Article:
Cottonmouth snakes: Facts about water moccasins

A cottonmouth coiled up by the water raises its head
A wild juvenile cottonmouth snake raises its head towards the camera. (Image credit: Kristian Bell via Getty Images)

Cottonmouths (Agkistrodon piscivorus), or water moccasins, are venomous snakes found in the southeastern United States. They're called cottonmouths because the insides of their mouths, which they display when threatened, are white. 

Cottonmouths are semiaquatic, so they're comfortable both swimming in water and basking on land. They are the only venomous snake in the U.S. that spends a lot of time in the water, Live Science previously reported. Other local names for cottonmouths include black moccasins, gapers, mangrove rattlers, snap jaws, stub-tail snakes, swamp lions, trap jaws, water mambas and water pilots.

Cottonmouths are pit vipers, as are copperheads and rattlesnakes, Sara Viernum, a herpetologist based in Portland, Oregon, told Live Science. "Like all pit vipers, [cottonmouths] have heat-sensing facial pits between their eyes and nostrils," Viernum said. These specialized pits detect minute temperature differences in order to accurately strike the source of heat, which is often potential prey. Cottonmouths rarely bite humans and usually do so only when provoked. 

Sara Viernum

Sara Viernum is a senior wildlife biologist, and for the last several years has provided professional consulting services to the power transmission and distribution, renewable energy, transportation, mining, and oil and gas sectors. Viernum is a certified wildlife biologist with The Wildlife Society. Viernum has a master’s in biology and herpetology from Jacksonville State University, and a bachelor’s degree in wildlife biology from Murray State University.

How to identify a water moccasin

Cottonmouths are relatively large, ranging from 30 to 48 inches (76 to 122 centimeters)long, according to the Florida Museum. They have thick, muscular bodies covered in ridged scales, as well as blocky heads with large jowls. Their pupils are vertical, similar to a cat's, and they have dark stripes next to each nostril. Their colors range from dark brown or black to olive, banded brown or yellow. 

Cottonmouths are often confused with nonvenomous water snake species from the genus Nerodia. Cottonmouths and Nerodia species have similar coloring and patterns and are usually found near water. Even though water snakes are nonvenomous, they can still bite and are often killed by humans out of fear that the snakes are cottonmouths. 

There are a few ways you can tell a nonvenomous water snake from a venomous cottonmouth, according to the University of Florida. Water snakes are skinnier and lighter than cottonmouths. Water snakes also have longer, thinner tails, and their heads are as wide as their necks. Water snakes' pupils are round, not vertical. Water snakes also lack the facial pits that are characteristic of pit vipers, including cottonmouths.

Cottonmouth taxonomy

Kingdom: Animalia

Phylum: Chordata

Class: Reptilia

Order: Squamata

Family: Viperidae

Genus & species: Agkistrodon piscivorus

Source: ITIS 

When threatened, nonvenomous water snakes — such as common water snakes (Nerodia sipedon) and banded, or southern, water snakes (Nerodia fasciata) — often try to appear bigger than they are by flattening their bodies and heads. This flattening makes them look more like cottonmouths. A water snake's flattened head will look more triangular but not as blocky and thick as a cottonmouth's head. A water snake's head will also still be a similar width to the neck, even when flattened. Trying to kill a snake greatly increases the risk of being bitten by one, according to the University of Florida.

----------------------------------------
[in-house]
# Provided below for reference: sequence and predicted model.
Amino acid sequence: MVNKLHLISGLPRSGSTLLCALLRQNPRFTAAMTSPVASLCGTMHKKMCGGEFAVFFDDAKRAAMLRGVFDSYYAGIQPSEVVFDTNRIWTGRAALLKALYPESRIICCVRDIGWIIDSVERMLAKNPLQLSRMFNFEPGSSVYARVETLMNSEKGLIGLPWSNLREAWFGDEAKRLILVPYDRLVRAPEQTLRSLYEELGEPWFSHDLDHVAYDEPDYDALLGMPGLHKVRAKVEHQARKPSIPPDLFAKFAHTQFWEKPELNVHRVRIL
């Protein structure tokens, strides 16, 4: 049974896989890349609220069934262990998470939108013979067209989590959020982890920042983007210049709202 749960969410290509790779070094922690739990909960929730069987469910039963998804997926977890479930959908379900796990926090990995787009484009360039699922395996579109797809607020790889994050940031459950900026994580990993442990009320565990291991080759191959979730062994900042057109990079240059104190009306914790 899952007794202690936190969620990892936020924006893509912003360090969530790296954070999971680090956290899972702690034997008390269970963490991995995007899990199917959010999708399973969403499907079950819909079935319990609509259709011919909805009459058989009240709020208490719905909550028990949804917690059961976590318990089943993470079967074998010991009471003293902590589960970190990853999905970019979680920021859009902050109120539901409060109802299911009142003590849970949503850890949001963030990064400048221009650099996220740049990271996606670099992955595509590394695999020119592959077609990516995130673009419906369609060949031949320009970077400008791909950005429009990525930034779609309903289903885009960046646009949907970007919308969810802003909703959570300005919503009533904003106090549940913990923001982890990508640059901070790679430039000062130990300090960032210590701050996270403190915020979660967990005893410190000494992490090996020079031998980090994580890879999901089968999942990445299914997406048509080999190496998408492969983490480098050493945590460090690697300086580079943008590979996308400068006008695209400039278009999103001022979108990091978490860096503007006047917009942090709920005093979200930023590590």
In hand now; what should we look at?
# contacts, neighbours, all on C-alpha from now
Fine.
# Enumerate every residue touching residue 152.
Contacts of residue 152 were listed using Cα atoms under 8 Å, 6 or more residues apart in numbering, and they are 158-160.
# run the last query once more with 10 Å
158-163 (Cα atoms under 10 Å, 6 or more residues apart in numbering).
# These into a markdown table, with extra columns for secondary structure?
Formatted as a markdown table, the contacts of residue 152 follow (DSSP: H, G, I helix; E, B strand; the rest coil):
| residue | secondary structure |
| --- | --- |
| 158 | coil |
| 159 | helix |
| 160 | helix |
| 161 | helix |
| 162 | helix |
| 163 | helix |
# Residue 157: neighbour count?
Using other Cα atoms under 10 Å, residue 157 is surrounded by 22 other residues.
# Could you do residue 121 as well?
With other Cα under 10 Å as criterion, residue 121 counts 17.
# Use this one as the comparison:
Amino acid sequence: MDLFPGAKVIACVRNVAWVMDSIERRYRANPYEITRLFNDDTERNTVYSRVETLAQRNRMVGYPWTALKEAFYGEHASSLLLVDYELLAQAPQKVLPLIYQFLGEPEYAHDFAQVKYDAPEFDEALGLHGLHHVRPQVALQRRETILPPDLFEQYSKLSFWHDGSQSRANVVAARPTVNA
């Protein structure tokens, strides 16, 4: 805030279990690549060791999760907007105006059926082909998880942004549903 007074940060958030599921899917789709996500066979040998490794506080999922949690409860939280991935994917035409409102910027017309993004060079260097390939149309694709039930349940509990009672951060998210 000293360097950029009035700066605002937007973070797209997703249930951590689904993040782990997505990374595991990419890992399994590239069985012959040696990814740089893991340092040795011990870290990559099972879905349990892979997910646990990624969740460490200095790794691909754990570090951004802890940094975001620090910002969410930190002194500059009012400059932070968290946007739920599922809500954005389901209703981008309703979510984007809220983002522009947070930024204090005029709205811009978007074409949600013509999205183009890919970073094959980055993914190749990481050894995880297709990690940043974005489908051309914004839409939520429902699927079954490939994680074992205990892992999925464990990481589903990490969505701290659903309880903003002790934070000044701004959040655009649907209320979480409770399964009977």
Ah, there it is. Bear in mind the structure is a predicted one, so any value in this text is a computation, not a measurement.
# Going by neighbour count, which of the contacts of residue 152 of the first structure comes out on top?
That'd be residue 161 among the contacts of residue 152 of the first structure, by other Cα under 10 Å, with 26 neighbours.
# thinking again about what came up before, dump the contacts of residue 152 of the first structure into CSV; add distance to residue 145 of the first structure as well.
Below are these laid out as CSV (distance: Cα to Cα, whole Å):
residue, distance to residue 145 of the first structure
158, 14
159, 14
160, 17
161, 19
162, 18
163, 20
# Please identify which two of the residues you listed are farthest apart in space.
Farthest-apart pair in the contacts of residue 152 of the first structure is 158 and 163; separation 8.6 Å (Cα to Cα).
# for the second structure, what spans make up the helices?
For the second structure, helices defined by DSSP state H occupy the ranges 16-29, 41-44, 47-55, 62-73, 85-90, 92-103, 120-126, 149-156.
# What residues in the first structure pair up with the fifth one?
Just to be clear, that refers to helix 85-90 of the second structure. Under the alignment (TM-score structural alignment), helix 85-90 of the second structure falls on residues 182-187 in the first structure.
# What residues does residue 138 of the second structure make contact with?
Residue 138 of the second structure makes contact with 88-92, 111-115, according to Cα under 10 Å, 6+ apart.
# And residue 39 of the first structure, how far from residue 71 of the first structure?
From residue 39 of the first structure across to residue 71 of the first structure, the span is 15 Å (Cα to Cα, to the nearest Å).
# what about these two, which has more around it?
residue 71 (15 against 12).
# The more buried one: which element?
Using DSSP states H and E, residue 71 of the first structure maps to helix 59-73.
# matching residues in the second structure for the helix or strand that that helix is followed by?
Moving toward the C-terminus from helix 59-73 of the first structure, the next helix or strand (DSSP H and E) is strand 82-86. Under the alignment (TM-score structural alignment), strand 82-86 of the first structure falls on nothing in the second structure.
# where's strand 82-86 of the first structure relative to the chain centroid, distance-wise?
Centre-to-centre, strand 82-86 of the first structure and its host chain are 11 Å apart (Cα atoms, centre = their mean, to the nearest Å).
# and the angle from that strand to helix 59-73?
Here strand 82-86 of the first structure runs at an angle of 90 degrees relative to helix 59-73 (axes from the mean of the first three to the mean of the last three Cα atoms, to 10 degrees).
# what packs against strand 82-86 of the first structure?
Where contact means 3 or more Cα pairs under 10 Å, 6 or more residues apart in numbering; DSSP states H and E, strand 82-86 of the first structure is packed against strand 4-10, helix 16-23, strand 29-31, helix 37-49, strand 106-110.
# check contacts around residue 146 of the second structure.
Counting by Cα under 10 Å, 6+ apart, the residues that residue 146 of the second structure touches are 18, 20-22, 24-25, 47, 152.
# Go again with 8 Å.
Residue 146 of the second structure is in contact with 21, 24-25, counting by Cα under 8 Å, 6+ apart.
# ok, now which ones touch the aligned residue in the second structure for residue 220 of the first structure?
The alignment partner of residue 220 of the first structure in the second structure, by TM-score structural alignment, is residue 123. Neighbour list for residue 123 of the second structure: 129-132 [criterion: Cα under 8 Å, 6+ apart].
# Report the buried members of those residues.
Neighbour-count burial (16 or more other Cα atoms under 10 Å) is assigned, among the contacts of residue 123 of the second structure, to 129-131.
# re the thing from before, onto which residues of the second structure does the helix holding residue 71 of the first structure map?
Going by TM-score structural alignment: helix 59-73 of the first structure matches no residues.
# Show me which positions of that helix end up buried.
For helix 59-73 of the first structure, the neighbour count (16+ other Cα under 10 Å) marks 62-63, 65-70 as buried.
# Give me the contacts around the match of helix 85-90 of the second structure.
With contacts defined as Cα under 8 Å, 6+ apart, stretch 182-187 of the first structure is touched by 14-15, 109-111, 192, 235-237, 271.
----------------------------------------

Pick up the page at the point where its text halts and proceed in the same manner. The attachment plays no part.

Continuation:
Juvenile cottonmouths have more distinctive bands across their bodies and are lighter brown than adults. Juveniles also have bright-yellow tail tips that they use to attract prey. "They undulate the tail tip slowly back and forth to lure prey, such as frogs, within striking distance," Viernum said. The striking patterns on the juveniles fade with age.

Young cottonmouth snakes have striking patterns that fade with age. (Image credit: cturtletrax via Getty Images)

Cottonmouth vs. Water Moccasin

Are they the same thing?

Cottonmouth and water moccasin are interchangeable terms for the venomous water snake.

Where do cottonmouths live?

Cottonmouths' range extends from southeastern Virginia to Florida, west to central Texas and north to southern Illinois and Indiana, according to the International Union for Conservation of Nature (IUCN). They live primarily in aquatic and wetland habitats, including swamps, marshes, drainage ditches, ponds, lakes and streams. 

Cottonmouths can be seen year-round during the day and at night, but they primarily hunt after dark, especially in the summer, according to the Savannah River Ecology Laboratory. They can be found basking in the sun during the day on rocks, logs and stumps, according to the Virginia Department of Wildlife Resources.

There are three subspecies of cottonmouth recognized by the Integrated Taxonomic Information System (ITIS): Florida cottonmouths (Agkistrodon piscivorus conanti), found throughout Florida; western cottonmouths (Agkistrodon piscivorus leucostoma), found in Indiana, Illinois, Alabama, Oklahoma and Texas; and eastern cottonmouths (Agkistrodon piscivorus piscivorus), found in Georgia, South Carolina, North Carolina and southeastern Virginia.  

Identifying the different subspecies is difficult. Their markings vary considerably, and the subspecies can interbreed where their ranges overlap. 

What do water moccasins eat?